Please make note of my boo-boos. I have two more on the other leg. I will wake up 6 times throughout the night after this picture is taken. Pity my mother.
When I walked into NikkiZ’s doctor’s office yesterday, the waiting room was FULL. This was only our second visit to the new doctor, but I know it’s a small practice so a full waiting room was very odd. The more I sat there, I realized this was all one family. One woman in her 40s, her sister, her mother, and her three kids. The three kids were all girls and ranged from about 8 to about 16. It didn’t take me long to realize the oldest child was the one there to see the doctor. This was one of the conversations that clued me in:
Mother: Why can’t they give us the prescription here to take to get filled for you?
16-year-old: Because my P.O. has to approve it first.
It took me a few minutes to decide what P.O. meant. I knew I had heard it before but I couldn’t remember where. Then it clicked: The nine million procedural dramas I watch. P.O. means Parole Officer.
Surely that nice looking teenager doesn’t have a Parole Officer I thought to myself. What else could P.O. mean in that situation?
It was then that I noticed, Oh. Handcuffs.
This nice looking teenager had handcuffs and ankle shackles on to go with her VERY baggy khaki pants and orange sweatshirt I hadn’t paid any attention to before. You could tell she was doing her best not to draw attention to her retraints. It was a very surreal moment when I realized there was this young girl handcuffed and shackled waiting to see the same doctor I was waiting to take my daughter to see. Especially when I heard the nurse explain to the doctor later, “Poor thing, she’s incarcerated so you have to examine her with her restraints on.”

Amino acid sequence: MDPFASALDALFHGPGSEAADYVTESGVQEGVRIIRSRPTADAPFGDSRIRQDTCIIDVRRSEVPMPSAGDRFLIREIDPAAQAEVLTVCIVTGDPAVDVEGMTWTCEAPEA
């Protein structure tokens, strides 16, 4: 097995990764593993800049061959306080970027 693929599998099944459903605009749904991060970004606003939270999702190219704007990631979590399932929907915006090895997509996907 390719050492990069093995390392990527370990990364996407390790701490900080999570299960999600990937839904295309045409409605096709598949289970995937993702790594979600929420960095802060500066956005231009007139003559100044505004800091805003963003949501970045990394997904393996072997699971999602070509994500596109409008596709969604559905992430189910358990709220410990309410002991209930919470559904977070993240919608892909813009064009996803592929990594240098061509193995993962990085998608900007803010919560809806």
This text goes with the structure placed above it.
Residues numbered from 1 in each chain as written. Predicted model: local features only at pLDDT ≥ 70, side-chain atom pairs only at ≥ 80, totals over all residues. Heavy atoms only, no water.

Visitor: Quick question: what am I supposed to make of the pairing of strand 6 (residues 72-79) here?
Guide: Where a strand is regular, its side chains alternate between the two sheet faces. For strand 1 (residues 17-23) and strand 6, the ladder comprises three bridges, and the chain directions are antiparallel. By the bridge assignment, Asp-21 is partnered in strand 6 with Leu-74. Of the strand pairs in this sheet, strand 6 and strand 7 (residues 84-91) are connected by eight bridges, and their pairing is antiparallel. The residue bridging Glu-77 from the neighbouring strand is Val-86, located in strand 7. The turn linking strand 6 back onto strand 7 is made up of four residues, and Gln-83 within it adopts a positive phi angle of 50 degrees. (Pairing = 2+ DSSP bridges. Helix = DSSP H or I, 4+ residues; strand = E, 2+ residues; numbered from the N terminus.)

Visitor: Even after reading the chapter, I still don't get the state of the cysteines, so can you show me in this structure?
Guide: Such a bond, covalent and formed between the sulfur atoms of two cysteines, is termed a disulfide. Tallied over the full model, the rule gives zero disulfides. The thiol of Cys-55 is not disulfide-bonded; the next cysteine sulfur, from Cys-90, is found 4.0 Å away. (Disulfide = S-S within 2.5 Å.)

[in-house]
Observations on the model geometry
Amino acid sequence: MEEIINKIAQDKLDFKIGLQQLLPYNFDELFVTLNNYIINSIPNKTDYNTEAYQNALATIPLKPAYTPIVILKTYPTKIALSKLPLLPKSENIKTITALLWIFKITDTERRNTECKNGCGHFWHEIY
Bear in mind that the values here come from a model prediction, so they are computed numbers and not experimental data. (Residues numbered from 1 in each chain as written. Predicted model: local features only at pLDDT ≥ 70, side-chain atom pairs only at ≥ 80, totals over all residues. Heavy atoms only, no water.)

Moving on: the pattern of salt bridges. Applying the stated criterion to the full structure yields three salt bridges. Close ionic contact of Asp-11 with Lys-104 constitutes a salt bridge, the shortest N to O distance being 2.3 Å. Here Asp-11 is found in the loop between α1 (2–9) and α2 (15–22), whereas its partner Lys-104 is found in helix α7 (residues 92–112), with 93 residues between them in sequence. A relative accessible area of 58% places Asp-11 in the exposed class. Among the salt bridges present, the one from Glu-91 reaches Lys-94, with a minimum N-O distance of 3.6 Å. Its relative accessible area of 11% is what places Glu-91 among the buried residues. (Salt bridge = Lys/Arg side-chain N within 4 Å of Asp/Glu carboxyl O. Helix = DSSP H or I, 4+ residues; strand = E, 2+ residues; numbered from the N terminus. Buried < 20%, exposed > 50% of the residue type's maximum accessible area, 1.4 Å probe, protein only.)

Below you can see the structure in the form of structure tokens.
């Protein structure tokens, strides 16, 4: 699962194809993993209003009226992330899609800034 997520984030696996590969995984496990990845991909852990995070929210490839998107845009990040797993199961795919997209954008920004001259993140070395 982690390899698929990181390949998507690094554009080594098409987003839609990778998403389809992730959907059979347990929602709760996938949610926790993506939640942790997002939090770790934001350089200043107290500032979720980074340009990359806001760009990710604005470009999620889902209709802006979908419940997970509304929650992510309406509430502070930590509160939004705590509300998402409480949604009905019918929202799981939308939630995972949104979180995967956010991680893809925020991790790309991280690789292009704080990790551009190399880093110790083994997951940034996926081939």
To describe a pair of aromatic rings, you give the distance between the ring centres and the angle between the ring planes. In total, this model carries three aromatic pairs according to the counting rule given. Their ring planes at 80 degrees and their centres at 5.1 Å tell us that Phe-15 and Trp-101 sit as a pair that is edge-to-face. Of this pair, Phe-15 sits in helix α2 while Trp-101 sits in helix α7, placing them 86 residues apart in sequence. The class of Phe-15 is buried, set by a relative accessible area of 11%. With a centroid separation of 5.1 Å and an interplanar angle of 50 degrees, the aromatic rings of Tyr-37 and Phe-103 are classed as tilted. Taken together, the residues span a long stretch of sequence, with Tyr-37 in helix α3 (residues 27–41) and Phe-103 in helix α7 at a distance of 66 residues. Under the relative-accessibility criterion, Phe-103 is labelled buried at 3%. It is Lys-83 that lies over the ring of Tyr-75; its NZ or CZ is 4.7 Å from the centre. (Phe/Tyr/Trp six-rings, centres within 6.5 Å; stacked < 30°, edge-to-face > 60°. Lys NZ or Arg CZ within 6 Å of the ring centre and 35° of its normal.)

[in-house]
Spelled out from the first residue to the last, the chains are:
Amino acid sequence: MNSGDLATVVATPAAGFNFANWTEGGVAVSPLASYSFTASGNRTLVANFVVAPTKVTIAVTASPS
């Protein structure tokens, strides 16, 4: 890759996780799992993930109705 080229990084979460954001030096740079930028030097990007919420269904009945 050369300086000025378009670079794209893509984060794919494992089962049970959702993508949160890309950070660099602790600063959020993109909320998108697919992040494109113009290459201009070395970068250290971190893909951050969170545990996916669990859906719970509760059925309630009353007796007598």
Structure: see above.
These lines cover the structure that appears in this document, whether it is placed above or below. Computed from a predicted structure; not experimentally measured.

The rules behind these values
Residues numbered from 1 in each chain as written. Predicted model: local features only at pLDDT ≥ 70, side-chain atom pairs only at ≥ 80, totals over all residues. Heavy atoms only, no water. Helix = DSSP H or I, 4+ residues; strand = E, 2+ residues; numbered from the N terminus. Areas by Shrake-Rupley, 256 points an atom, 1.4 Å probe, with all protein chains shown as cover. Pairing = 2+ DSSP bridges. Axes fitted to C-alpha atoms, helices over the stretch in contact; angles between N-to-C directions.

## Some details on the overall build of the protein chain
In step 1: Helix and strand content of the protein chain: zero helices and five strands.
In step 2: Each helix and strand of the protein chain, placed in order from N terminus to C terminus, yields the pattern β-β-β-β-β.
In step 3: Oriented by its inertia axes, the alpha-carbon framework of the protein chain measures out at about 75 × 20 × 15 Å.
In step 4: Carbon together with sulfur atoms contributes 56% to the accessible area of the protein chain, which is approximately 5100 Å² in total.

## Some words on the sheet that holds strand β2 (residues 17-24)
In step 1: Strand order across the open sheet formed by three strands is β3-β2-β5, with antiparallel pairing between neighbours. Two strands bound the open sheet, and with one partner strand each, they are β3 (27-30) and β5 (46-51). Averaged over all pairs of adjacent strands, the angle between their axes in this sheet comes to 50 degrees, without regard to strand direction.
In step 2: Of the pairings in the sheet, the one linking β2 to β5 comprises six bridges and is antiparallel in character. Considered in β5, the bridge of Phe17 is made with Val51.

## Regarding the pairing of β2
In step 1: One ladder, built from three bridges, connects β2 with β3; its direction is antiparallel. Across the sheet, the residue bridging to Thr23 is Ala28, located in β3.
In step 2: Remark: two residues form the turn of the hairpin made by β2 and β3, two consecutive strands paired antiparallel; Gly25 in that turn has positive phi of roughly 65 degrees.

(I promise I’m not nosey, the office is TINY.)
I have no idea what the girl did, but my curiosity was killing me. I also have no idea why whatever detention center she obviously came from didn’t send a guard of some sort with the restraints. It seems if she was enough of a flight-risk to be cuffed and shackled, she would need a guardian of some sort too. It was all very odd. Do juvenile detention centers release kids to medical facilities, but only if they’re restrained? But they don’t bother sending any sort of chaperone besides the family? It was all VERY weird.
Either way, the girl seemed very nice and it wasn’t like I was worried for our safety or anything. It was just NOT something I expected. To run into a teenage prisoner of some type in the lobby of my daughter’s pediatrian’s office.
Now, at my P.O.’s office? I see them all the time…